I love this photo because it looks like I’m posing but really I’m grasping at my cramping abdominal muscles
Then, suddenly, we turned a corner and we were in Batad, and my mind was shuffling through all the phenomenal and stunningly beautiful sites I’ve seen in my life and trying to find something that matched up to this — and it was coming up empty. I couldn’t help but feel like I was in a scene from a movie as we entered the small village — dogs chased chickens across the dirt roads, kids sang on mud bleachers outside the one room schoolhouse, and hunched-over old ladies turned slowly to see the white faces walking by. Cinematic undertones aside, one thought overwhelmed me — this is travel.
This tiny town of 800 — which bloats to 1,300 in the holidays when people head home from the cities — relies completely on subsistence rice farming and tourism. For those who live here, life is strikingly similar to the way it was lived one hundred years ago. Sure, Batad got electricity in 2008, but there’s certainly no internet, and barely any phone signal — though I first thought that someone was joking when they told me this, I soon saw it with my own two eyes — in order to communicate with the outside world, locals hang their phones from trees or clotheslines and wait for a signal to pass through.
A wooden lean-to served as the village’s welcome office, where we paid a fee (50 php/1.23 usd) towards protecting the rice terraces, and were guided to a sweet and simple guesthouse where a cheerful private room overlooking the terraces was an absolute bargain (200 php/4.92 usd).
Though I was entering the first stages of internet withdrawal (oh, how I would have loved to Instagram this!), I was already regretting only staying one night.
I loved my guesthouse — minus their poor pet monkey
After settling into the guest house, a guide — with a laminated license to prove it — appeared and offered his services to take us across the terraces and to the nearby waterfall for a small fee (250 php/6.15 usd). I hesitated because of my dwindling peso reserves, but G.I. Joe agreed before I had the chance to object. I was momentarily annoyed, though I’d soon be grateful. My trainers were soaking wet and muddy from the rain so against everyone’s objections I set off in flip flops. And we were off!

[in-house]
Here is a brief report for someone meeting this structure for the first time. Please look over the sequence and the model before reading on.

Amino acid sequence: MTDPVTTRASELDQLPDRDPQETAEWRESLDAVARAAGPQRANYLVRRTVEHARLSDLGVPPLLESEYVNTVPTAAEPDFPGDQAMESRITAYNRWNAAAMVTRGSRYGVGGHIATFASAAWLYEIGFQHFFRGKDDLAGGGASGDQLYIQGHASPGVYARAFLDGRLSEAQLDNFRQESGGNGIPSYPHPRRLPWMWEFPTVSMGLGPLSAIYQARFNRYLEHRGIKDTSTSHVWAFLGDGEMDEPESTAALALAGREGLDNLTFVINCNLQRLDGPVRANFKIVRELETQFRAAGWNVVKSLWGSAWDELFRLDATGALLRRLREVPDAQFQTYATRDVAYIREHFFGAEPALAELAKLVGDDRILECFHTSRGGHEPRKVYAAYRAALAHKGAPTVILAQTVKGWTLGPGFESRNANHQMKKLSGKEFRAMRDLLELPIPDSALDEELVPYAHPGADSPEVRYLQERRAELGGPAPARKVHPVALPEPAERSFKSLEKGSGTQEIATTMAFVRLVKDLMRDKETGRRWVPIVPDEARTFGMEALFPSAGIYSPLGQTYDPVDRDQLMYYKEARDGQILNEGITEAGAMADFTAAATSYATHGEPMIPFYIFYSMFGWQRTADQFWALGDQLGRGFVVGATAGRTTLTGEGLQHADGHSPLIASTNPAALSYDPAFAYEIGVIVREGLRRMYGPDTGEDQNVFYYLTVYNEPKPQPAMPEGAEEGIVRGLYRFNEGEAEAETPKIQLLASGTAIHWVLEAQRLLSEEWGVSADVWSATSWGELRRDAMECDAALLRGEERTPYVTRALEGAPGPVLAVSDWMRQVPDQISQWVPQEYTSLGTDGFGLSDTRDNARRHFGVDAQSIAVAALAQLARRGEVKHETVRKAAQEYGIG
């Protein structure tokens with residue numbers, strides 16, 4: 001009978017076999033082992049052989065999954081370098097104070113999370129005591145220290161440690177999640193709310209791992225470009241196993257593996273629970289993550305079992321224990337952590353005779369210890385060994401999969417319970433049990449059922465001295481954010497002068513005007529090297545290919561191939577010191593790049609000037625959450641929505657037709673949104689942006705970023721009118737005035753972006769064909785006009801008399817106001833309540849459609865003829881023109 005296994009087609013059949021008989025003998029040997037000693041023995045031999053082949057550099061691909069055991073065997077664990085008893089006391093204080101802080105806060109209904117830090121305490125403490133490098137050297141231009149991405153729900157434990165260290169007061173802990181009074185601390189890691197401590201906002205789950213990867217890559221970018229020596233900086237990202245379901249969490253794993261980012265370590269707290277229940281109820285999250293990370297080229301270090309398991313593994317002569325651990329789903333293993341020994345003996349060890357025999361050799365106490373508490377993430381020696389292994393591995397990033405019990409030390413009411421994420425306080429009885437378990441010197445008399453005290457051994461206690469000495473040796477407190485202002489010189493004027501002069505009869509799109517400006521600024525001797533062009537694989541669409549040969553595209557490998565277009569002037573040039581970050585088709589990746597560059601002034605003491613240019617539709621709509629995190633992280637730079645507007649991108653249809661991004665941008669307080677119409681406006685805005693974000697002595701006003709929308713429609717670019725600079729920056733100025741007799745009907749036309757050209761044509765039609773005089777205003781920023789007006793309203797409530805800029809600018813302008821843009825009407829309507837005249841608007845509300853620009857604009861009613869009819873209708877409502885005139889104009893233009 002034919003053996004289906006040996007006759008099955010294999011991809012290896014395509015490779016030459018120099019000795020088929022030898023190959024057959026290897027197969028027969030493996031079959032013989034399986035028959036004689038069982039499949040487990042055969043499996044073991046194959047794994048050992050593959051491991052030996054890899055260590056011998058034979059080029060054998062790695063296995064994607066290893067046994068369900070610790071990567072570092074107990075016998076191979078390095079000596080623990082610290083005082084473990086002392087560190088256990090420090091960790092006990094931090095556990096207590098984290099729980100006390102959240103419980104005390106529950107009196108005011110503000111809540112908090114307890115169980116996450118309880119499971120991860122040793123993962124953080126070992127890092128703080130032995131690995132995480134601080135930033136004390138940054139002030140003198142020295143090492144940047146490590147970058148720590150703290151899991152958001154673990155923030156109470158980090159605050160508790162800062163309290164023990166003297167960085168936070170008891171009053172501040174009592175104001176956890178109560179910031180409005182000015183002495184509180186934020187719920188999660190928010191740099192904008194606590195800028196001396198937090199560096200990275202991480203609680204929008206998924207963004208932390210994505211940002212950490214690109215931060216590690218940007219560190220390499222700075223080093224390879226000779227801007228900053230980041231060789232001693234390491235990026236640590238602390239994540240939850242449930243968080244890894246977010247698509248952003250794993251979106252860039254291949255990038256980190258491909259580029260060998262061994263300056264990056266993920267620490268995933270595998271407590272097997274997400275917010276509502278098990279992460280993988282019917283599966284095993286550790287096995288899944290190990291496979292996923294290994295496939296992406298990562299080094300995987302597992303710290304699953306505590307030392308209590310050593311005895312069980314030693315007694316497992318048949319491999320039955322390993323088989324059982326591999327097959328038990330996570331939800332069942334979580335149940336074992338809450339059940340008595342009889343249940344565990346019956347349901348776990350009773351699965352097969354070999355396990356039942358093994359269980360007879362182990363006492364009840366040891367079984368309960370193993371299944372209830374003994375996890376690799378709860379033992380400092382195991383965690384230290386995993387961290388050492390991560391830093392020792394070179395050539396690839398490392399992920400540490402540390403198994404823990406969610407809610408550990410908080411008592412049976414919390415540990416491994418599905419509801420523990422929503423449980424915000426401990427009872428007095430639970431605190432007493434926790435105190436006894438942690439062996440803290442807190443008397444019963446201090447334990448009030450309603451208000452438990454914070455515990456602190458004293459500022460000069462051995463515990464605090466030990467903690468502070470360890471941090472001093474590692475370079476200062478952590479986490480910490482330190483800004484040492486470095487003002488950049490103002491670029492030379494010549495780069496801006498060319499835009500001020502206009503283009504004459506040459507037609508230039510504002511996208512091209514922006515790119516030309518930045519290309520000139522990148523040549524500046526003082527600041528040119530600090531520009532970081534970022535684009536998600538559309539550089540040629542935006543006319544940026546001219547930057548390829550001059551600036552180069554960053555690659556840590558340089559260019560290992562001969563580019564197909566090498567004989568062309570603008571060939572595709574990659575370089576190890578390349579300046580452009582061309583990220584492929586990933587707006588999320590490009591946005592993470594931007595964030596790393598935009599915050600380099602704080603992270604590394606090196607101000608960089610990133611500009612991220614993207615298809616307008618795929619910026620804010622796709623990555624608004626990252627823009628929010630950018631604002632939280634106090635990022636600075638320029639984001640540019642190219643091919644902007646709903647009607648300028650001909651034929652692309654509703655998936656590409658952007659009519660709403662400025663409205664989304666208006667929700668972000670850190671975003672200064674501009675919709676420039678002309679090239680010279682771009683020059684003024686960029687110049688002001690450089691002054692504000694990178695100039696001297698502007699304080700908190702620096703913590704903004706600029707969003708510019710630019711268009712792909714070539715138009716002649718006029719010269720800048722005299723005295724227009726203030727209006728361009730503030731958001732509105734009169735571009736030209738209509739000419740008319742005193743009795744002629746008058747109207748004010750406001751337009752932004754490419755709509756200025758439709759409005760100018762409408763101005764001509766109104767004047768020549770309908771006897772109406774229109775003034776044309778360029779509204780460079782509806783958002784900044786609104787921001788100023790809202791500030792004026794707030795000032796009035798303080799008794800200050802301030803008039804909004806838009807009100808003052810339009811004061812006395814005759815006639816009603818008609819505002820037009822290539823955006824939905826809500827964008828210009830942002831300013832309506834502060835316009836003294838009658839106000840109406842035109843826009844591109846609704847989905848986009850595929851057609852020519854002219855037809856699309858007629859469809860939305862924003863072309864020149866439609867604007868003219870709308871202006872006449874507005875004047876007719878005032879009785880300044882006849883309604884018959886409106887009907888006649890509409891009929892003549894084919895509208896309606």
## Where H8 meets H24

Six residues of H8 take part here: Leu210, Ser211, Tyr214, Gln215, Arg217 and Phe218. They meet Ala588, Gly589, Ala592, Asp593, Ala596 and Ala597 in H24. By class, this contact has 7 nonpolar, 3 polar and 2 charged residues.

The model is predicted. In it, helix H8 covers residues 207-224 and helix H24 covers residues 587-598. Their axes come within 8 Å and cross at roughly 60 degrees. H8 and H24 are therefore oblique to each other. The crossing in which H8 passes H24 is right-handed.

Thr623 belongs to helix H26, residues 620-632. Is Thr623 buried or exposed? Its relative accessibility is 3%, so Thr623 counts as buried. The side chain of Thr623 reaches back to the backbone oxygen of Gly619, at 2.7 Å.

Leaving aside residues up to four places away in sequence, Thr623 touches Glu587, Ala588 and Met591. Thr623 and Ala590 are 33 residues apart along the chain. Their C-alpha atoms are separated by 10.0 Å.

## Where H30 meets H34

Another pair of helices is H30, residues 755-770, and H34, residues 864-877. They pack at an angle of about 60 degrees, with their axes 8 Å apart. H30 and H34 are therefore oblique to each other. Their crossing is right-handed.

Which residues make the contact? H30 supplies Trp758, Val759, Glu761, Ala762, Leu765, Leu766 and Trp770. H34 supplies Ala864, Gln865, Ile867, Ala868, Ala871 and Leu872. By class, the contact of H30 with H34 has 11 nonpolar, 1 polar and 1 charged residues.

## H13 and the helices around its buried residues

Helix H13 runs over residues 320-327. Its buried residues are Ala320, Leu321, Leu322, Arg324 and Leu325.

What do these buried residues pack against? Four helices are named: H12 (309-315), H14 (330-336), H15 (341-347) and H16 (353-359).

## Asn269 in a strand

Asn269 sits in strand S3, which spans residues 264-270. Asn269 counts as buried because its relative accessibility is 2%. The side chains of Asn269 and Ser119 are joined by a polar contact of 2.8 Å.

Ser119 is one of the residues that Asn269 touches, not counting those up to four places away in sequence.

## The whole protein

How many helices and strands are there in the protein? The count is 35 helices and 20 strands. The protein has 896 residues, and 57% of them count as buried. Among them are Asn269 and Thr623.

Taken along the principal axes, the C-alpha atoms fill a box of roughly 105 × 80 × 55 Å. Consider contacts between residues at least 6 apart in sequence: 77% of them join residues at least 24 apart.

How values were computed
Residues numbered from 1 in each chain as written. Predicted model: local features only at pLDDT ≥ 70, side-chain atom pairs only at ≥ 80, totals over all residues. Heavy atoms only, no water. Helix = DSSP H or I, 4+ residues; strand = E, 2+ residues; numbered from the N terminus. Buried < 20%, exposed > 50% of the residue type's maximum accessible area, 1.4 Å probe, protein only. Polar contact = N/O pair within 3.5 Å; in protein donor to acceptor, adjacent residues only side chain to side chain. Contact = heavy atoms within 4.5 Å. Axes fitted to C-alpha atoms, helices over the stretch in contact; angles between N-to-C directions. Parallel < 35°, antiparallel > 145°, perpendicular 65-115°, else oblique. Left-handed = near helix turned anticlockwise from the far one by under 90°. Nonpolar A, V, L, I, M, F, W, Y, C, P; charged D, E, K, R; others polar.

The path to the waterfall brought us directly through the heart of the rice terraces at the perfect golden light hour. I was having one of those moments — I felt like an over-caffeinated child, unable to stop jumping around, flailing my arms and exclaiming to no one how beautiful it all was. I actually felt like I was high — it’s the only sensation my mood could be compared to.
I couldn’t believe we were able to clamber over the rice terraces — ones that have been in existence for over 2,000 years — as we pleased. I remembered the medical evacuation I’d seen earlier in the day and tried to step gingerly, though there was no keeping up with our guide, who had spent his entire life traversing the terraces and seemed to float above them.
A not so graceful foreshadowing of a scary moment the next day…
After passing over top the opposite side of the rice terrace “bowl,” we descended into a deep river valley that would wind around to a massive waterfall. It was quite the sight, but this was a clear case of the journey being the destination.
Also, it started raining as soon as we arrived, leaving us to huddle under cover and take turns speculating on whether the weather was getting better or worse.
See tiny little G.I. Joe on the banks of the waterfall? It was huge!
While the hike to the waterfall had been unbelievable, while trekking back in the rain once again the hours of hiking began to take a toll. My calves we started to kill me — like, close-my-eyes-and-try-not-to-cry-while-wincing-with-each-step kind of kill me. It made me a bit nervous for the next day, when my only way back to civilization was my own two feet.
When we made it back to the guesthouse, it wa